HRT for more than 5 years may increase the risk of ovarian cancer.

Dementia

Evorel Sequi and medicines like it will not stop memory loss
(dementia). Women who start using medicines like Evorel Sequi
after the age of 65 may have a small increase in the risk of dementia.

4 How to use Evorel Sequi
Always use Evorel Sequi exactly as your doctor has told you.
You should check with your doctor or pharmacist if you are not
sure. Your doctor will aim to reduce your symptoms with the
lowest possible dose for the shortest amount of time.

When to start using Evorel Sequi

You may put an Evorel 50 patch on at any time if:
• You have not used HRT before your menopause and no longer
have menstrual periods
• Your menstrual cycles are not regular and you are not pregnant
• You are changing from HRT that does not give you a withdrawal
bleed
Put an Evorel 50 patch on within 5 days of the start of
bleeding if:
• You are not currently using HRT and still having regular periods
Put an Evorel 50 patch on at the end of a treatment cycle
or one week after you finish using another HRT product if:
• You are changing from an HRT medicine that gives you
a withdrawal bleed
If you are using another type of HRT:
• The day you start will depend on the type of HRT you have
been using
Talk to your doctor if you are not sure which type of HRT you are
using.

To help you remember your two “patch change" days, mark them
here or on the pack. They are written on the pack like this:

If you forget to change the patch

Where to apply the patch

If you use more Evorel Sequi than you should

Stick the patch onto a hairless area of skin below the waist.
Most women prefer to wear the patch on the thigh or bottom.
• Do not apply on or near the breasts
• Do not put it on top of cuts, spots or anywhere the skin is irritated
• Do not use cream, moisturizer or talc before applying the patch
• Do not apply the patch on the same area of skin twice in a row
• It can be worn under loose areas of clothing
• Do not wear a patch under elasticated areas or a tight
waistband
• Apply the patch to clean, dry, cool skin as soon as you open
the protective pouch

Putting a patch on

Using the patches

Weeks 1 and 2
Use the four Evorel 50 patches one at a time.

Step 1: Open and Peel
• Using the notches as a guide, tear along two
edges of the pouch. Remove the patch
• With the protective backing facing you, bend
and peel off half the backing. Don’t touch the
sticky side - it may not stick properly if you do

Weeks 3 and 4
Use the four Evorel Conti patches one at a time. As soon as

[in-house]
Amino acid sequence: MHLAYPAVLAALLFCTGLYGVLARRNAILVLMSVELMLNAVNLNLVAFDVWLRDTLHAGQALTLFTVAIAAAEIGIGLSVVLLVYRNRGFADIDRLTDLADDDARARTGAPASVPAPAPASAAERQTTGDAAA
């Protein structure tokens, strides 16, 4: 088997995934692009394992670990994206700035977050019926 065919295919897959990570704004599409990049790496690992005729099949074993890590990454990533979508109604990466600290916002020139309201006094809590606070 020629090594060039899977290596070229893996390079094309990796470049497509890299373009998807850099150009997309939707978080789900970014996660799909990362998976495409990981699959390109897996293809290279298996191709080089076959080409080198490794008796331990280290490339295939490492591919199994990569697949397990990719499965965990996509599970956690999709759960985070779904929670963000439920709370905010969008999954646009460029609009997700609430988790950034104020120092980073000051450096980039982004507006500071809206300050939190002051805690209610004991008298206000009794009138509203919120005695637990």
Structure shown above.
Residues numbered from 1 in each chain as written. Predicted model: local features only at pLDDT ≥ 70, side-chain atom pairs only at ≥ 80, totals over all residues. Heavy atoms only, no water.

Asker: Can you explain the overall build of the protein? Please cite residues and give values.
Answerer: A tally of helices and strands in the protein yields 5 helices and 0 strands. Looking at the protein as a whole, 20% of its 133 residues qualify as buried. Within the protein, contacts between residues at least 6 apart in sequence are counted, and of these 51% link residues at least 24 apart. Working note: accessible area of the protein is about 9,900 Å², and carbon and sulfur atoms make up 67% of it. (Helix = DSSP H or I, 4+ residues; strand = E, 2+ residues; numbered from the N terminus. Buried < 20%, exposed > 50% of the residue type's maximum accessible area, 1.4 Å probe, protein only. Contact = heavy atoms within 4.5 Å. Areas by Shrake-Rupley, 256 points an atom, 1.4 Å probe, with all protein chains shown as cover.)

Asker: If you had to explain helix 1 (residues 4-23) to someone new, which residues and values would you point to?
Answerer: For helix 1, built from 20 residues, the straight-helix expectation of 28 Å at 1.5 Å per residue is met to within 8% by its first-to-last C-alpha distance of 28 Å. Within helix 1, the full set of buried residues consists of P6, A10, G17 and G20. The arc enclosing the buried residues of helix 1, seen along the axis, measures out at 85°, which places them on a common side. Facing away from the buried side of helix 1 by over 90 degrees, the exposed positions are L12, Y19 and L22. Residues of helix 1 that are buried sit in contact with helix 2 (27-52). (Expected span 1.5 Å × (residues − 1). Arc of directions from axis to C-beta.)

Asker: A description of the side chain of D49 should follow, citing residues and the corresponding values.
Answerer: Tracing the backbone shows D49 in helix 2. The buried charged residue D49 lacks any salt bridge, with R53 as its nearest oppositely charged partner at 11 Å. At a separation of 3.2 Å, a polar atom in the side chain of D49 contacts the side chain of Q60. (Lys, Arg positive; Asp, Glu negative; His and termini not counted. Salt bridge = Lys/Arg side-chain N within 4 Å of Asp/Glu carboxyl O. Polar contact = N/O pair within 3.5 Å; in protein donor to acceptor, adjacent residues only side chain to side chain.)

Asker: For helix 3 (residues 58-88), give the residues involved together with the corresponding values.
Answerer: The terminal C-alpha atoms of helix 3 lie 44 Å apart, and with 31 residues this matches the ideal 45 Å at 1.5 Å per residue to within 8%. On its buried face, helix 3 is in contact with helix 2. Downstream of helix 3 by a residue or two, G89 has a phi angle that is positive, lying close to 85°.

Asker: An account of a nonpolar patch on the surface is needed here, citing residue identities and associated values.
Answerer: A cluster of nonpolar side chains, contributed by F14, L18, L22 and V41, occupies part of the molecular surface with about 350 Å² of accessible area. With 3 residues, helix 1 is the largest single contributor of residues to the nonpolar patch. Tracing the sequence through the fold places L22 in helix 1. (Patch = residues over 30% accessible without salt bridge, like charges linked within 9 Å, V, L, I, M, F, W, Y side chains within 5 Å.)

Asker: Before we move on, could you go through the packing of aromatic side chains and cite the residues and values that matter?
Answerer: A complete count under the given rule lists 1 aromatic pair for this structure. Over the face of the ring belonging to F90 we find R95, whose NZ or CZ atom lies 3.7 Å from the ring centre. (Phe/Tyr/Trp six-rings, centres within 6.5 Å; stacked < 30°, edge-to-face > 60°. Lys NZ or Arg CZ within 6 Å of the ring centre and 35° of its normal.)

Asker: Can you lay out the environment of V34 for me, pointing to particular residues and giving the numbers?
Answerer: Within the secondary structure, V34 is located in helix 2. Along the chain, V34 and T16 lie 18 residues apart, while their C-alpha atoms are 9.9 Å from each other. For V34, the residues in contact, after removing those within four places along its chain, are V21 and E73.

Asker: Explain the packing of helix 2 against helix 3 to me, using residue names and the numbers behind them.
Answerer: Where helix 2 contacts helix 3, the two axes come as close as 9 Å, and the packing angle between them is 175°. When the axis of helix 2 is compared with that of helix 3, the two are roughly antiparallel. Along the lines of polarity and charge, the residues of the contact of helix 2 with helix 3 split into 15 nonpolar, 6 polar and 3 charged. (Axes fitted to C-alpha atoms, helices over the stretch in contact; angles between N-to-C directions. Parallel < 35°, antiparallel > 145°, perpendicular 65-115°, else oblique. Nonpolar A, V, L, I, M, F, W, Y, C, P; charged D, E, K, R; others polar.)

you remove your fourth Evorel 50 patch, replace it with the first
Evorel Conti patch.
Start a new pack of Evorel Sequi as soon as you finish one.
Do not leave a break between packs.

Changing your patches

• You must change the patches twice a week to give your body
a steady supply of hormones. There is enough hormone in
each patch to last for several days
• Change your patch on the same two days every week. This will
mean that one patch is on for three days and the next patch for
four days
• For example, if you apply your first patch on a Monday, change
it on Thursday and again on the following Monday. You can work
out your two days from the following table, starting from the
first day of use:
If you put your
first patch on:
Monday
Tuesday
Wednesday
Thursday
Friday
Saturday
Sunday









Change on:
Thursday
Friday
Saturday
Sunday
Monday
Tuesday
Wednesday

&
&
&
&
&
&
&

Change again on:
Monday
Tuesday
Wednesday
Thursday
Friday
Saturday
Sunday

It is unlikely that you will have too much of the hormones in
Evorel Sequi. The most common symptoms of having too much
oestrogen or progestogen in your body are:
• Tender breasts
• Feeling sick (nausea) or being sick
• Unexpected vaginal bleeding
• Stomach pain or bloating
Removing the patch can reverse the effects of too much oestrogen
and/or progestogen. Talk to your doctor or pharmacist before
using any more patches.

Contraception while using Evorel Sequi

The levels of hormone from the patches are too low to act as
a contraceptive. Use non-hormonal contraceptive methods
(such as a condom, diaphragm or coil) until your periods have
completely stopped.

Do not use a patch if its protective pouch is
already open.

The patches need to be changed twice a week. You must use the
patches in the right order.

Change it as soon as you remember and then keep to your
original ‘patch change’ days. You may get some bleeding and
spotting like a period during this time.

Everyday activities

• You can have a bath or shower as normal. Do not scrub too
hard as this can loosen the edges of the patch
• You can go swimming. The patch will not be affected
• You can exercise and play sports. However, do not wear the
patch under tight clothing or waist bands
• You can sunbathe. However, keep the patch covered, out of
direct sunlight
If you have any further questions on the use of this product,
ask your doctor or pharmacist.

Step 2: Apply and Press
• Apply the open half of the patch to your skin
• Remove the remaining backing and press
down the rest of the patch
• Press the patch with the palm of your hand
to make sure it is firmly stuck

Removing a patch

• Peel an edge of the patch smoothly away
from the skin
• Fold the patch in half, so that the sticky side
sticks to itself
• Put it in with the household rubbish, safely
out of the reach of children and pets
• Do not flush used patches down the toilet
When you remove the patch some glue may remain on your
skin. It will disappear with time or you can use baby oil to
remove it.

If a patch falls off